This Time Last Year…

Hubs commented this week that it is amazing how we have moved from one community to another,

settled in,

grown accustomed to,

and are still thoroughly enjoying our new location in rural Texas.

This time last year we had just moved in.

We were homeowners again after two years and I was telling my overwhelmed self that day one was not going to look like day eight or 30 or 100…

I was right, here I am at day 365, give or take a few hours, and all is calm.

The house we bought is everything we had dreamed of,

as a friend of mine remarked recently, looking out on our back fairway during lunch,

“Don’t you feel as though you’ve died and gone to heaven?”


When we moved from Garland we left behind a life with neighbors, a community theatre, a church where we were active, stores we had shopped at for almost 30 years, friends around many corners, doctors, hospitals, trusted mechanics and several lifetimes of memories.

We endeavored to re-establish ourselves quickly not wanting to wait for the dust to settle or gradually become acquainted with the local color.

Contrary to my reserved nature I took the plunge and offered help, issued invitations, and spoke to everyone I met along the lane on my daily afternoon walks with my new found puppy friend, Charlie,

“Go and meet Hubs, we’re just over the bridge, first on the right, through the 100 acre wood and thistle meadow, you can’t miss us,” I’d call out waving vigorously!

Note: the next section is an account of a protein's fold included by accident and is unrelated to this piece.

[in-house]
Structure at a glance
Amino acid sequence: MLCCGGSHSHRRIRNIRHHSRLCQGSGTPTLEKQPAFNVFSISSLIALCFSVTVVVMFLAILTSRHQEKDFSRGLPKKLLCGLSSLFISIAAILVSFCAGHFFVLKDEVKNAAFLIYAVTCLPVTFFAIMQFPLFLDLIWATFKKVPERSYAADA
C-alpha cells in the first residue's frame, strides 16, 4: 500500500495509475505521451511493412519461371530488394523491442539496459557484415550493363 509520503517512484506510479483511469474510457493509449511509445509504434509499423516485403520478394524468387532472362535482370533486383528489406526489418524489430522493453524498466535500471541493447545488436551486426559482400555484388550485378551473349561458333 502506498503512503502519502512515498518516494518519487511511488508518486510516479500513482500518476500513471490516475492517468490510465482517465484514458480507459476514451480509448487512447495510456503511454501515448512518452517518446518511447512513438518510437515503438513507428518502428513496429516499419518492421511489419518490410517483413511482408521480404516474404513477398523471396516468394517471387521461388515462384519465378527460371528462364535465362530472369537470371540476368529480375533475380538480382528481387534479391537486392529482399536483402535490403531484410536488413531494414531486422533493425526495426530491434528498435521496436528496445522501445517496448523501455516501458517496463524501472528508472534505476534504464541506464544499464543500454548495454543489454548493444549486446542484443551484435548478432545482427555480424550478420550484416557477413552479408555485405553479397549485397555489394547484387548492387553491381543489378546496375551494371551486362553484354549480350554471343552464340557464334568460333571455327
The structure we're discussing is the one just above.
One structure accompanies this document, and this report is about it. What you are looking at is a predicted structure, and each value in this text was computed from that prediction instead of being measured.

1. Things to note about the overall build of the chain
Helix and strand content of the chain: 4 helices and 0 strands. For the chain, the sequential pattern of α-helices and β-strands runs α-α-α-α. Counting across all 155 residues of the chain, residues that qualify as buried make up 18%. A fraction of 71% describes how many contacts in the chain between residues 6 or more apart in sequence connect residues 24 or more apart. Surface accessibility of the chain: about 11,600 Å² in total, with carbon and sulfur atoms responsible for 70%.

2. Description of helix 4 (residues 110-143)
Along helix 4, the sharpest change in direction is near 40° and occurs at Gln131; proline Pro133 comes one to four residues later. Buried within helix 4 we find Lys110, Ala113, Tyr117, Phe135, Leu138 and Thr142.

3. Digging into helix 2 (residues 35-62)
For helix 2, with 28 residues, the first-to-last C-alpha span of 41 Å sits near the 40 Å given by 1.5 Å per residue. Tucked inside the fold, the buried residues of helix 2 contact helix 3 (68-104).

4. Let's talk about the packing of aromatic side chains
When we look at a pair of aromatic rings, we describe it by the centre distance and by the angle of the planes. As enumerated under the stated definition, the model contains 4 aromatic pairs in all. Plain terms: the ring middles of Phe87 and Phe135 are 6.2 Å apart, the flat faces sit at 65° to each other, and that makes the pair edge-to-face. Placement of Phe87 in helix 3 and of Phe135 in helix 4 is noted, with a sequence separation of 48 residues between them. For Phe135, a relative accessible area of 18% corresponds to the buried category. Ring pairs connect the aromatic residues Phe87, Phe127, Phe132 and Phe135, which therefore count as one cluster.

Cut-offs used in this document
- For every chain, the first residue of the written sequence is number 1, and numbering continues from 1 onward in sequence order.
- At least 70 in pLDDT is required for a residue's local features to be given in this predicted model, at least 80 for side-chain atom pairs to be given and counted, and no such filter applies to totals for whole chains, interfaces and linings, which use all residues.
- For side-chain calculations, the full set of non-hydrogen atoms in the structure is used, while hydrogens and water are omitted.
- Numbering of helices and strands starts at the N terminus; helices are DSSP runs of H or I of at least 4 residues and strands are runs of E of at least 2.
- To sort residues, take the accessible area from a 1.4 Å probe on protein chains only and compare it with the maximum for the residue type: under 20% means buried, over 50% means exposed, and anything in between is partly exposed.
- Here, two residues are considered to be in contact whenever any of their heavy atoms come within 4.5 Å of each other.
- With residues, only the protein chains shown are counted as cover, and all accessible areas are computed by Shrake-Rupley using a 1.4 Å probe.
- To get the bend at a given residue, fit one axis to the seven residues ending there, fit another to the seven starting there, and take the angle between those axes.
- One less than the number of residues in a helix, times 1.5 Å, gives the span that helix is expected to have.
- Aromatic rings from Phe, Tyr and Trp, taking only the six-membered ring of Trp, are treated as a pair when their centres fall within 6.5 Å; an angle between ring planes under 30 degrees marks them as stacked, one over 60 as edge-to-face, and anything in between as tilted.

Having owned just the one house for 29 years we were new to the game of moving and came into it rather late in life,

we didn’t have children to break the neighborhood ice,

we weren’t in a retirement community with an activities manager to introduce us around,

we were on our own.

Happily a couple a few doors down hosted Pizza and Beer every Wednesday evening.

All the neighbors (and many others) were encouraged in our weekly reminder to…

“Come if you can, any time after 6.30pm.  You don’t need to bring anything.  Very casual.”

After our first month, just as we were set to leave for Florida for the summer, we had discovered,

There was a lot of chicken and bee-keeping going on,

A vineyard just down the road was owned by folk from Broadstairs,

Goats were raised for meat as well as milk and cheese, and to keep the grass and brambles down,

People went in together to slaughter a cow,


St. Peter’s tucked between houses in the middle of downtown McKinney,

Eggs came in blue and green as well as white and brown,

Local honey tasted better when you knew their keepers,

Dogs had no respect for boundaries and would as soon poop in my front yard as theirs.

A local bookclub, a garden club and a yard man, shared by many of the neighbors,

Horses whinnying on the other side of our creek,

The streets were numbered not named,

Coyotes have many different calls that carry great distances,

Trees, knee deep in grass,


Run down barns, fields with soy crops and herds of grass fed cows, were commonly cited as landmarks,

barn cats have their kittens at about the same time,

and that tractors are coveted.

This much we know for sure,

Footlights is still charming us after a year.

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